I used a specific meditation for stress last night to help me to manage my feelings. Today I’m aware that my mind is regularly running away with thoughts, worries and memories of this distressing experience. It’s haunting me. I’m using mindfulness to help me to cope and to continue to function. Each time I notice that my mind has been distracted by this, I gently guide my attention back to what I want to focus on, such as writing this post, folding laundry, washing dishes, reading, watching a film or doing my physiotherapy exercises.

I’m using it in a similar way to help me to improve my posture and reduce some of my chronic pain. For example, each time I notice that I’m hunching my shoulders, I gently ease them back to where they belong. It helps me too in many more ways.

Mindfulness helps me to take one day at a time, to be present in the present moment, which after all is all any of us has; the past has passed and the future is not guaranteed.

What could it do for you?

I love Headspace. because it’s done exactly what it says on the tin; it’s given me some space in my head. (This is not a sponsored post, I receive no benefit, nor do I seek to, if you should check it out. I’m merely sharing what works for me.)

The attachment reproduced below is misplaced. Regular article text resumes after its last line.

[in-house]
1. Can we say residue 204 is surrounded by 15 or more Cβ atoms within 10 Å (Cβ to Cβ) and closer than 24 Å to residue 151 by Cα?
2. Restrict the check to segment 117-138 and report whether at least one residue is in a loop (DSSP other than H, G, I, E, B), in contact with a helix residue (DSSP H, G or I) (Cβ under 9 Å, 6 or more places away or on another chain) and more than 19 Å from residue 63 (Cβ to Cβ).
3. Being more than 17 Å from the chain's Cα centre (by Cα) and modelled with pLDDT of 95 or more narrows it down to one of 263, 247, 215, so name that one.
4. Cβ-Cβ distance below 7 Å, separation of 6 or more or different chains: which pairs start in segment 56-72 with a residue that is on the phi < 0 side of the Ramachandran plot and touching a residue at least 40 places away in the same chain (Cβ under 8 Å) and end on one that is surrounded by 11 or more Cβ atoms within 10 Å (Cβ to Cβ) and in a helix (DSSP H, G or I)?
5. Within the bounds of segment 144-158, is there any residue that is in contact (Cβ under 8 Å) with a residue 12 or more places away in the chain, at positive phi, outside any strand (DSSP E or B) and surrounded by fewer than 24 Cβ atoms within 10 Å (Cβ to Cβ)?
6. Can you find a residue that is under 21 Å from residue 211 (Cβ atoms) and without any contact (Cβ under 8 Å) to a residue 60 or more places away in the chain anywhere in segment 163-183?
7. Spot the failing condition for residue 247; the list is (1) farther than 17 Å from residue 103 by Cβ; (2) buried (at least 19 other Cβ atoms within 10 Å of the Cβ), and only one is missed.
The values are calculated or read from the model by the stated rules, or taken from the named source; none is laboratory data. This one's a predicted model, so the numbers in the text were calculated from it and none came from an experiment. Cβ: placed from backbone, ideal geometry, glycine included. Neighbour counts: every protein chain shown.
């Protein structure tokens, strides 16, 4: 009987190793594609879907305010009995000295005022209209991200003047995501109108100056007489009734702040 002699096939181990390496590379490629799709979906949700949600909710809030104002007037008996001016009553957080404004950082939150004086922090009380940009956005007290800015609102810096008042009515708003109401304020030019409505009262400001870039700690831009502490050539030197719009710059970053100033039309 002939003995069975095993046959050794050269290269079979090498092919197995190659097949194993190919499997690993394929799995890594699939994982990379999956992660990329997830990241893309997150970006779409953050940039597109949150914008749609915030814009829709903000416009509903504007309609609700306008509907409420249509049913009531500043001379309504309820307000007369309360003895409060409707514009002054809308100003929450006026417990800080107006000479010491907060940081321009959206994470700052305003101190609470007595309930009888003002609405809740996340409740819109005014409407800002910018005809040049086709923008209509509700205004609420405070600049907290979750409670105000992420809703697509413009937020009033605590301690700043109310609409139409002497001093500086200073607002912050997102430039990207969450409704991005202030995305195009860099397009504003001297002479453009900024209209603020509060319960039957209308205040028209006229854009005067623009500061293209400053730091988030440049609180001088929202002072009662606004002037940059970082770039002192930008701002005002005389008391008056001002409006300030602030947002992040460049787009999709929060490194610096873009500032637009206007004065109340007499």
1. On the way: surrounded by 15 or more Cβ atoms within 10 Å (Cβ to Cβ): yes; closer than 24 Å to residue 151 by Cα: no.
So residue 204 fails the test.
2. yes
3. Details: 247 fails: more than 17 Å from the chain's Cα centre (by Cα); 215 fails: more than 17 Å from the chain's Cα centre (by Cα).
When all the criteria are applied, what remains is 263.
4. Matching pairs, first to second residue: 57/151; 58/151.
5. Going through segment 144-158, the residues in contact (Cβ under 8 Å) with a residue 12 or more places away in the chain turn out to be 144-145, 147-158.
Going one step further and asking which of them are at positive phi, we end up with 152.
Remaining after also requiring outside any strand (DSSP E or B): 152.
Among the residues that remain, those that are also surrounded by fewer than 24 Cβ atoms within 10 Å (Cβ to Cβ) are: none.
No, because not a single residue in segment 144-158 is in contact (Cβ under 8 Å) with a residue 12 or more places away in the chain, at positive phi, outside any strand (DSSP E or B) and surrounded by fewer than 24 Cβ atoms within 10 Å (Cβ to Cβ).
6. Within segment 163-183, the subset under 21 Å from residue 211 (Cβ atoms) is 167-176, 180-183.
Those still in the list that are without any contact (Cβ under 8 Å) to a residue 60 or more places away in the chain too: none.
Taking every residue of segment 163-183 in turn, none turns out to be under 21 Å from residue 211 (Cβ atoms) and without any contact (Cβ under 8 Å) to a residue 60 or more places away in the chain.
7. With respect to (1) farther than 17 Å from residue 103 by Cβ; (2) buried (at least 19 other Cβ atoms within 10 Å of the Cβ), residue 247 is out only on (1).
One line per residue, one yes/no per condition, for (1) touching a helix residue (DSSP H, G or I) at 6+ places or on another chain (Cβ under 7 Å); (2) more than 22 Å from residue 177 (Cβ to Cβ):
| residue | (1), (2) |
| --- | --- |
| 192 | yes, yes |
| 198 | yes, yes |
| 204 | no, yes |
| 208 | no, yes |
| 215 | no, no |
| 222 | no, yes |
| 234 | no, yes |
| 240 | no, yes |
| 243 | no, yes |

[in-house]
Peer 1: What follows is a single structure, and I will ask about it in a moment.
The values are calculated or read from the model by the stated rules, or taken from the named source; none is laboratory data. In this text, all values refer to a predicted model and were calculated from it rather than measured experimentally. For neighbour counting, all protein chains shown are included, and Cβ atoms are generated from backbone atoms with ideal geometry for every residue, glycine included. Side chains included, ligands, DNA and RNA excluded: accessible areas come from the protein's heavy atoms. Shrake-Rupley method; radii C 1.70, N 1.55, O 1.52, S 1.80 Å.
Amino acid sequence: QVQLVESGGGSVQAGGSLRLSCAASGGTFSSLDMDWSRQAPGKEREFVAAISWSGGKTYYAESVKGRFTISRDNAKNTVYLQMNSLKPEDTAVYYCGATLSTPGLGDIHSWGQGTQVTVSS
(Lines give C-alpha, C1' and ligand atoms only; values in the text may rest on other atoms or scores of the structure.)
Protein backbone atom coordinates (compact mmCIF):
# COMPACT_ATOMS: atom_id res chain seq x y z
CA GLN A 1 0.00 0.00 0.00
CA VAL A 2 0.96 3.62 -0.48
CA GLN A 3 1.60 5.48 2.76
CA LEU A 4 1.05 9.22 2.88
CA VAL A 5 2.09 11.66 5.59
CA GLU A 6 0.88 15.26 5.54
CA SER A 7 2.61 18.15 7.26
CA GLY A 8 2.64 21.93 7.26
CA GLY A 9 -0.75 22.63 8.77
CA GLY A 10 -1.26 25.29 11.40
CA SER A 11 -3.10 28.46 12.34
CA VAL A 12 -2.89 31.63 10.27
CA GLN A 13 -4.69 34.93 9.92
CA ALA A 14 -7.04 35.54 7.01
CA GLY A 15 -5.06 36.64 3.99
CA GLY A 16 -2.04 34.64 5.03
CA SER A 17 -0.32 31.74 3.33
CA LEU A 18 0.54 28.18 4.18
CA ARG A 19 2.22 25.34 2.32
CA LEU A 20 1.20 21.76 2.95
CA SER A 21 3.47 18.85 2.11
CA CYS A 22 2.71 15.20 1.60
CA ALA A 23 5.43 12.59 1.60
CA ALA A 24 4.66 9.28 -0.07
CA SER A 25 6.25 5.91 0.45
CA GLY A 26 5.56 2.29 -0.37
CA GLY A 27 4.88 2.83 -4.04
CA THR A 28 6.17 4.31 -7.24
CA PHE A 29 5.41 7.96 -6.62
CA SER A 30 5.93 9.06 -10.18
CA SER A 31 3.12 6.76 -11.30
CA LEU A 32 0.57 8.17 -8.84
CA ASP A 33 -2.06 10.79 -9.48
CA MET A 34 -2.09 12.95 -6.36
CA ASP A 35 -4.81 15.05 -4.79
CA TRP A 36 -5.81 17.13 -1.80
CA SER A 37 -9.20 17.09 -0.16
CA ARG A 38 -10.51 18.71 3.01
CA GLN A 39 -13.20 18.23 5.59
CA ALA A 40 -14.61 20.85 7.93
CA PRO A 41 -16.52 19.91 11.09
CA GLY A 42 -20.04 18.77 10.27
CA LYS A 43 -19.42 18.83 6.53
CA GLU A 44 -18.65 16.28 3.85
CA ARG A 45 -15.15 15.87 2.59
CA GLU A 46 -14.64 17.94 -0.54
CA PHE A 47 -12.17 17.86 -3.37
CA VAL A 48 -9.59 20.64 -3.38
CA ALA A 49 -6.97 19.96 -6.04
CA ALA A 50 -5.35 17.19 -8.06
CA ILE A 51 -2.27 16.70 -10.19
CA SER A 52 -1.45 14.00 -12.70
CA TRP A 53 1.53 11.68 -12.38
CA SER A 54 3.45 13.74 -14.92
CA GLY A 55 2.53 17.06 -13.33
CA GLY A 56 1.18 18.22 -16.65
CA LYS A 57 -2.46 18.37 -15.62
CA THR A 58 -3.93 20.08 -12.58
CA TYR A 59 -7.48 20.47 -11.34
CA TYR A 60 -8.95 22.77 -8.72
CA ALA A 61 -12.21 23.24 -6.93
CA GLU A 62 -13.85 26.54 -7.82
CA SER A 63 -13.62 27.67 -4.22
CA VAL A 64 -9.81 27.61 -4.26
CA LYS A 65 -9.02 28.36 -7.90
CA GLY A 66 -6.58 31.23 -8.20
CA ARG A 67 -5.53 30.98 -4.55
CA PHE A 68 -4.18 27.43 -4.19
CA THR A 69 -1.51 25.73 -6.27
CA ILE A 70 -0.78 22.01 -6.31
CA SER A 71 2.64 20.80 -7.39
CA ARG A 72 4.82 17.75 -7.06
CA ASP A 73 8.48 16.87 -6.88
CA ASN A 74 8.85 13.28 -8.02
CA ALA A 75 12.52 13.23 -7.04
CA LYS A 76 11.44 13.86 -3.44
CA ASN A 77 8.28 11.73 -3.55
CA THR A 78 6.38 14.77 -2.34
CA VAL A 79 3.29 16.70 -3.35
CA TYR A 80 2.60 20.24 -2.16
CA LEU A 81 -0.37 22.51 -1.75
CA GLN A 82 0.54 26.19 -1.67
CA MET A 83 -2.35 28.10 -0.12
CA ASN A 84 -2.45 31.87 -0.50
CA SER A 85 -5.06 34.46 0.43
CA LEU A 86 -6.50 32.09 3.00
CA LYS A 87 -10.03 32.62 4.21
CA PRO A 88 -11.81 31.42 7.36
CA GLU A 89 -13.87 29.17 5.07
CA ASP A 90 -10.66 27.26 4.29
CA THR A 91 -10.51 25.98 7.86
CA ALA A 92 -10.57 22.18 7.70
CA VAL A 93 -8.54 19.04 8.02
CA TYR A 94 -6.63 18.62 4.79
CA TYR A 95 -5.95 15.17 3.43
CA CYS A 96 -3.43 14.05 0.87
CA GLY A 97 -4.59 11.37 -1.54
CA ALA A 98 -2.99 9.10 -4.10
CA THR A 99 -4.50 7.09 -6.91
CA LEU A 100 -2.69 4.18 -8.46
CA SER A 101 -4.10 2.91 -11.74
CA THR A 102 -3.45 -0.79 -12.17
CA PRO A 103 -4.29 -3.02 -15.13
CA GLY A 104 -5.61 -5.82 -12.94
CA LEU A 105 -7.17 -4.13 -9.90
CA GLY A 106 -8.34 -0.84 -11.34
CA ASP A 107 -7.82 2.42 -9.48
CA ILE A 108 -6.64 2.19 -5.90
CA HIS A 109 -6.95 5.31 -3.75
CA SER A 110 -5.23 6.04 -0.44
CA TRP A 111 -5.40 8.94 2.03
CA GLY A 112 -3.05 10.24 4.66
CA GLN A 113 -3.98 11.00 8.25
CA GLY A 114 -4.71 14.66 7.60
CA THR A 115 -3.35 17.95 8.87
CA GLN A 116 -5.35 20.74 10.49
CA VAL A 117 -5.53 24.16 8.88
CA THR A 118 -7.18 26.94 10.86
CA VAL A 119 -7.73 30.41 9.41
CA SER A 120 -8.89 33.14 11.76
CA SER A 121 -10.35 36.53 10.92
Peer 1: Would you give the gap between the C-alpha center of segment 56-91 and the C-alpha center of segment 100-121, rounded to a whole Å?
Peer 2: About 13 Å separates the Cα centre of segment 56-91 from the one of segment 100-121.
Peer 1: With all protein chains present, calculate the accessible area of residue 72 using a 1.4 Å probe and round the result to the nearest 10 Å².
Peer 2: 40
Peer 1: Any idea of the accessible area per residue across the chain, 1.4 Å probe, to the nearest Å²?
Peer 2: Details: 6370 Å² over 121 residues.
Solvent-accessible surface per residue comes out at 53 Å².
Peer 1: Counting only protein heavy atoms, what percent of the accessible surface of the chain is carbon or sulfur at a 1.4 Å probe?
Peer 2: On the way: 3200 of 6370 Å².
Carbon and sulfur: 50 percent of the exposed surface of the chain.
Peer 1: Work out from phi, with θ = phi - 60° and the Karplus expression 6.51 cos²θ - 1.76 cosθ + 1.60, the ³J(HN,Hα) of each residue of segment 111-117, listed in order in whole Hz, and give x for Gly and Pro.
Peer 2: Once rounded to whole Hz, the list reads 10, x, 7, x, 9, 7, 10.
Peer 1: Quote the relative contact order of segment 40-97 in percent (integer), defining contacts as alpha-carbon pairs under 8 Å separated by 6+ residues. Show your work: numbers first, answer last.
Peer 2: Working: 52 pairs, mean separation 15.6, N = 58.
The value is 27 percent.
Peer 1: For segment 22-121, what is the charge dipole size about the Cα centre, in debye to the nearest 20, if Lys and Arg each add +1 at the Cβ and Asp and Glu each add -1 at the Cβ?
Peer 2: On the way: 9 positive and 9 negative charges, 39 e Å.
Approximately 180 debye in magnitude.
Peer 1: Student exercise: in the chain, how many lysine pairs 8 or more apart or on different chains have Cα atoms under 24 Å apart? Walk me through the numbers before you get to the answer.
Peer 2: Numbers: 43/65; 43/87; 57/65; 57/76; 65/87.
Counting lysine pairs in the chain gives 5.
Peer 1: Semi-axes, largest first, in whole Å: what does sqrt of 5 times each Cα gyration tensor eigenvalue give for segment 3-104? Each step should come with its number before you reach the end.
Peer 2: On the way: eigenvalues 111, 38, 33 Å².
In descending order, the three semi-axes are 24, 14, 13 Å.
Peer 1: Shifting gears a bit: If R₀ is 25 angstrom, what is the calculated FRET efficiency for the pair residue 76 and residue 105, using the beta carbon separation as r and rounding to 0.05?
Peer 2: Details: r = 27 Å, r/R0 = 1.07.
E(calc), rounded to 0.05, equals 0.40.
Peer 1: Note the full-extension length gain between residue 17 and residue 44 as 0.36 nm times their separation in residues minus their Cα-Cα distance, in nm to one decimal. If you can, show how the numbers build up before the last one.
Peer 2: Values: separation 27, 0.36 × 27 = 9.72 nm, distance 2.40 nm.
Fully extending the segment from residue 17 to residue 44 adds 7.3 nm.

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An update, possibly rambling!

I’m a woman on a mission on today, to crack several sticky issues, but I wanted to bash out an update here while my cup of tea is brewing 🙂 .

Social care
There’s been no word from social work since the social worker who assessed me for social care in May, left to begin maternity leave at the end of July, despite my being told that I’d be allocated a new social worker. I’ve tried to contact the service manager, my ex-social worker gave me her details as she left, but I can’t get any response for her. A form did arrive in the post two days ago, from a different department, together with a letter asking me to supply the financial details requested in order that they can determine how much to charge me. This without my having been told that I would be charged. My next task today will be to complete the form. For the moment I’m putting the question of what happens if the decided charge is more than ‘buttons’, putting social care out of my reach, because that’s too scary to contemplate right now.